Wednesday, June 13, 2012

Al Stewart, 2012

Al Stewart was in fine form early this month at the Woodstock Opera House. The remarkable thing is that his guitar virtuosity and fine voice sound almost the same now as they did on records he made around 35 years ago, or during live performances of the period currently disseminated by YouTube. We should all age so well.

The audience has aged with Al. In fact, I felt a bit younger than the average. Al Stewart had his biggest records in this country in the late '70s, when I was a teenager, but many in the audience must have first listened to him in their 20s or even 30s. Lilly, of course, was drastically out of the audience demographic, and claimed that people were starring at her (she's the age at which she feels that way a lot, but it was probably true in this setting).

The talented Stewart sideman David Nachmanoff and a bassist opened the show with three Nachmanoff songs, and then Al came out for a set in which they both, or all three, played Al's songs. After an intermission, they repeated the pattern. As usual, Al bantered between most of the songs, sometimes to explain a song's back story, sometimes to talk about some early experience in music, which I'm certain he knows the audience likes to hear. Once he talked about meeting the young Rolling Stones as a very young man himself -- 17, I believe he said, which would put the event ca. 1962.

The playlist relied heavily on his '70s albums, especially Year of the Cat. No doubt he feels obliged to play "Year of the Cat" and "On the Border" from that record, which he did, but this time around he also played "Midas Shadow" and "Flying Sorcery," the latter about aviatrix Amy Johnson. Surprisingly, he reached all the way back to his first album to play the title track of Bed-Sitter Images, a song I don't think I'd heard before. Also on the playlist from an early album (Orange) was "The News From Spain," which he characterized as his worst-selling single, "because it's so depressing." I'll go along with that.

When I saw Al Stewart live for the first time at the Park West in Chicago in early 1989, someone in the audience requested something from Orange, and he mocked the suggestion. But then again, he had an album to promote during that tour — Last Days of the Century — and so focused on newer items that aren't so new any more. These days he obviously doesn't mind reaching back more than 40 years for a tune.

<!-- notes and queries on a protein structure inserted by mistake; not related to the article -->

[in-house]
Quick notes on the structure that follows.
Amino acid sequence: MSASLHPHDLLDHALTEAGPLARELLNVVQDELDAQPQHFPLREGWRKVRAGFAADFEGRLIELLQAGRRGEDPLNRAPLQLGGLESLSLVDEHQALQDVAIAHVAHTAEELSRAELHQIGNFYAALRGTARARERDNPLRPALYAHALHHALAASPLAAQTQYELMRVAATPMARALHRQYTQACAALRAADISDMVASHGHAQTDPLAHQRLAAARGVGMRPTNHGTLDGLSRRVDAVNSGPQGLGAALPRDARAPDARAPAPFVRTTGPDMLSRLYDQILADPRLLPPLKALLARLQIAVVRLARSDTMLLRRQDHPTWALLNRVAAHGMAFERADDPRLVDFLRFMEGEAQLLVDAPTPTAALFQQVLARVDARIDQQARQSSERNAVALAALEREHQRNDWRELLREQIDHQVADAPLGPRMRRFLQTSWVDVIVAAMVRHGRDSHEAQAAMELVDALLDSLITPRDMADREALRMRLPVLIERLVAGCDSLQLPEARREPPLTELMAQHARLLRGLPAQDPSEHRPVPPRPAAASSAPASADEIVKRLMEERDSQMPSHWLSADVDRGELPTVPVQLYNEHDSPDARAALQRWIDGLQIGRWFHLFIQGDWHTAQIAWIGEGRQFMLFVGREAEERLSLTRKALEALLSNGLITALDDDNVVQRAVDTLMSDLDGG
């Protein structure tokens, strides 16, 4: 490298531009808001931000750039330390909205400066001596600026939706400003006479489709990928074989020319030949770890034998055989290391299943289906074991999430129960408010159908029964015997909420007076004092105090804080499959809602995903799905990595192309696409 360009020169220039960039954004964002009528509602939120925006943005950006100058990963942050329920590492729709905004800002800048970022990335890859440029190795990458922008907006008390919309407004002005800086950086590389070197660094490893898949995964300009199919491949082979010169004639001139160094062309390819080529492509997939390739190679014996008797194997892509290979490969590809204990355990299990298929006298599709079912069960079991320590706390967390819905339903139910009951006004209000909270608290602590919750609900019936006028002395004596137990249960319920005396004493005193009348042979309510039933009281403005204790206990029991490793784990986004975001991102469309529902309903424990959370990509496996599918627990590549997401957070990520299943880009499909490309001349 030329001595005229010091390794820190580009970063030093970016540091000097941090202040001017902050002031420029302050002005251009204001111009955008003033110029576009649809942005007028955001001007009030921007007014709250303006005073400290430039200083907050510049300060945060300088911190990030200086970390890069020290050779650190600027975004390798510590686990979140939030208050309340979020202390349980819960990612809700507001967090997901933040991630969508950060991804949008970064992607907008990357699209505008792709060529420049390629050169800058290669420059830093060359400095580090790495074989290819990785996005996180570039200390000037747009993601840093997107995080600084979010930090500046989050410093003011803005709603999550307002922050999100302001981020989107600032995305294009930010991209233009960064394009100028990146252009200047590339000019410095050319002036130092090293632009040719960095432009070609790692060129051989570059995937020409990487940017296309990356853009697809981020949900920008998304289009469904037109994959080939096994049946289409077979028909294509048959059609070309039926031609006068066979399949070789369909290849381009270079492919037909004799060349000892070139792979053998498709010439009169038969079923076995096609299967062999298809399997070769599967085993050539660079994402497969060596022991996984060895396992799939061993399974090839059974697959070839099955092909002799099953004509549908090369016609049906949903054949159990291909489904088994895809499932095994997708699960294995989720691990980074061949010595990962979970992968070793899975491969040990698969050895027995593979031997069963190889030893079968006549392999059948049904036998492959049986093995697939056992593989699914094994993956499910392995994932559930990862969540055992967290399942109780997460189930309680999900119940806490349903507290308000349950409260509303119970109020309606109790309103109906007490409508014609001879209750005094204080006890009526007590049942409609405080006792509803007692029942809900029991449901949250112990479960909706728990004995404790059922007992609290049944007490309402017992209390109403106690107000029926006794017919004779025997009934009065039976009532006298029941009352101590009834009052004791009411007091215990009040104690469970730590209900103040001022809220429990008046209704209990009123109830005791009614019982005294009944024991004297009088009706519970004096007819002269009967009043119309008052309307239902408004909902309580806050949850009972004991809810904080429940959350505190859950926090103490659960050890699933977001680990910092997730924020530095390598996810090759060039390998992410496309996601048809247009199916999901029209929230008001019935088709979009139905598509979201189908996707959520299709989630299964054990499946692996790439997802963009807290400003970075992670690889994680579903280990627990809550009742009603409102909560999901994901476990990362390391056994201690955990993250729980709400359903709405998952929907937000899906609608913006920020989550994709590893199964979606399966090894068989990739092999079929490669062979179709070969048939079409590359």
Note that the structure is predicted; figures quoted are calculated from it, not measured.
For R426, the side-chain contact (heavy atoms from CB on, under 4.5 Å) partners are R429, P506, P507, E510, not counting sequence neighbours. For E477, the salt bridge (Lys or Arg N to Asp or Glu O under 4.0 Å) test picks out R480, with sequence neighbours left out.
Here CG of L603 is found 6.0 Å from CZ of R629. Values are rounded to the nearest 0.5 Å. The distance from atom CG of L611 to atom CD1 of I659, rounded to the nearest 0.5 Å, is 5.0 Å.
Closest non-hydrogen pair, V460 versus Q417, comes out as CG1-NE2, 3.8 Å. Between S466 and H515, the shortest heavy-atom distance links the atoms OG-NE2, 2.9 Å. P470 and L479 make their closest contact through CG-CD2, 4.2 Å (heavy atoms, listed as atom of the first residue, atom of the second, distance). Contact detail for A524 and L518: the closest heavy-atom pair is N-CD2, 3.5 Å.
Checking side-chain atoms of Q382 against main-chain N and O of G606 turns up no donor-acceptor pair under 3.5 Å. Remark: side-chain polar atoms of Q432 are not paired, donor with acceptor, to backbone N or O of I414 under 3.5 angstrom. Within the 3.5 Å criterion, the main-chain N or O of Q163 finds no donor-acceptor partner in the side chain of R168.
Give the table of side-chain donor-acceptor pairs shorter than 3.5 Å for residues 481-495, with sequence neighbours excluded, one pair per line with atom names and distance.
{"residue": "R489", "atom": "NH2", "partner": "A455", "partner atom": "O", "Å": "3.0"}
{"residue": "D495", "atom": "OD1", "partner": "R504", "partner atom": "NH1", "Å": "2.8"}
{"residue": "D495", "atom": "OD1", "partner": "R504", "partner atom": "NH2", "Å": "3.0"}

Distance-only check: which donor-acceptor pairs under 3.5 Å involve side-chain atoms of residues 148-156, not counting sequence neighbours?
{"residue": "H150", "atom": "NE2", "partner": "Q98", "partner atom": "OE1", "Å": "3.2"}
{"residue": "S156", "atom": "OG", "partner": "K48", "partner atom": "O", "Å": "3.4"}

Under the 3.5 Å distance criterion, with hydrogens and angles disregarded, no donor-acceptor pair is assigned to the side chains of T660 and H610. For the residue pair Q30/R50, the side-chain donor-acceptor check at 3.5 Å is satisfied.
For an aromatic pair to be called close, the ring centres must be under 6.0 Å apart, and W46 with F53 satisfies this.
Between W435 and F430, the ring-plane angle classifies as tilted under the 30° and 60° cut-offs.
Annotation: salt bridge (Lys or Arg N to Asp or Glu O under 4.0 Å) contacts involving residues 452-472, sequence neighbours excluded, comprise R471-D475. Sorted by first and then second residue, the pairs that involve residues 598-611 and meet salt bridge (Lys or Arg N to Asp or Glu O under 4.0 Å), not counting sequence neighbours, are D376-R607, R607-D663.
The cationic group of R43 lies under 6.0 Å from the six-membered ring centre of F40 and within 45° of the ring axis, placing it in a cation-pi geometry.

The newest thing he played at the Woodstock Opera House was "Sheila Won't Be Coming Home," something he co-wrote with Nachmanoff. Also on the playlist were the relatively new "(A Child's View Of) The Eisenhower Years," which is good fun, and "Night Train to Munich," which I assume was inspired by the movie of that name, though I've never seen it.

All in all, a good show. I wouldn't have expected anything else. Still, I wouldn't have minded hearing some songs of his I've never heard live before, such as the moody "Palace of Versailles" or the only pop song I know about the fall of Constantinople in 1453.

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Tuesday, June 12, 2012

The Woodstock Opera House

The Woodstock Opera House dates from 1889, when it was built as a multipurpose building: library, court, council room, fire department and second-floor auditorium for the city of Woodstock. The venue's web site says that Elgin-based architect Smith Hoag added "early American, Midwestern, Gothic and even Moorish elements. The interior is modeled after the showboats of the time, with dimensions and decorations that imitate many of those grand floating theaters."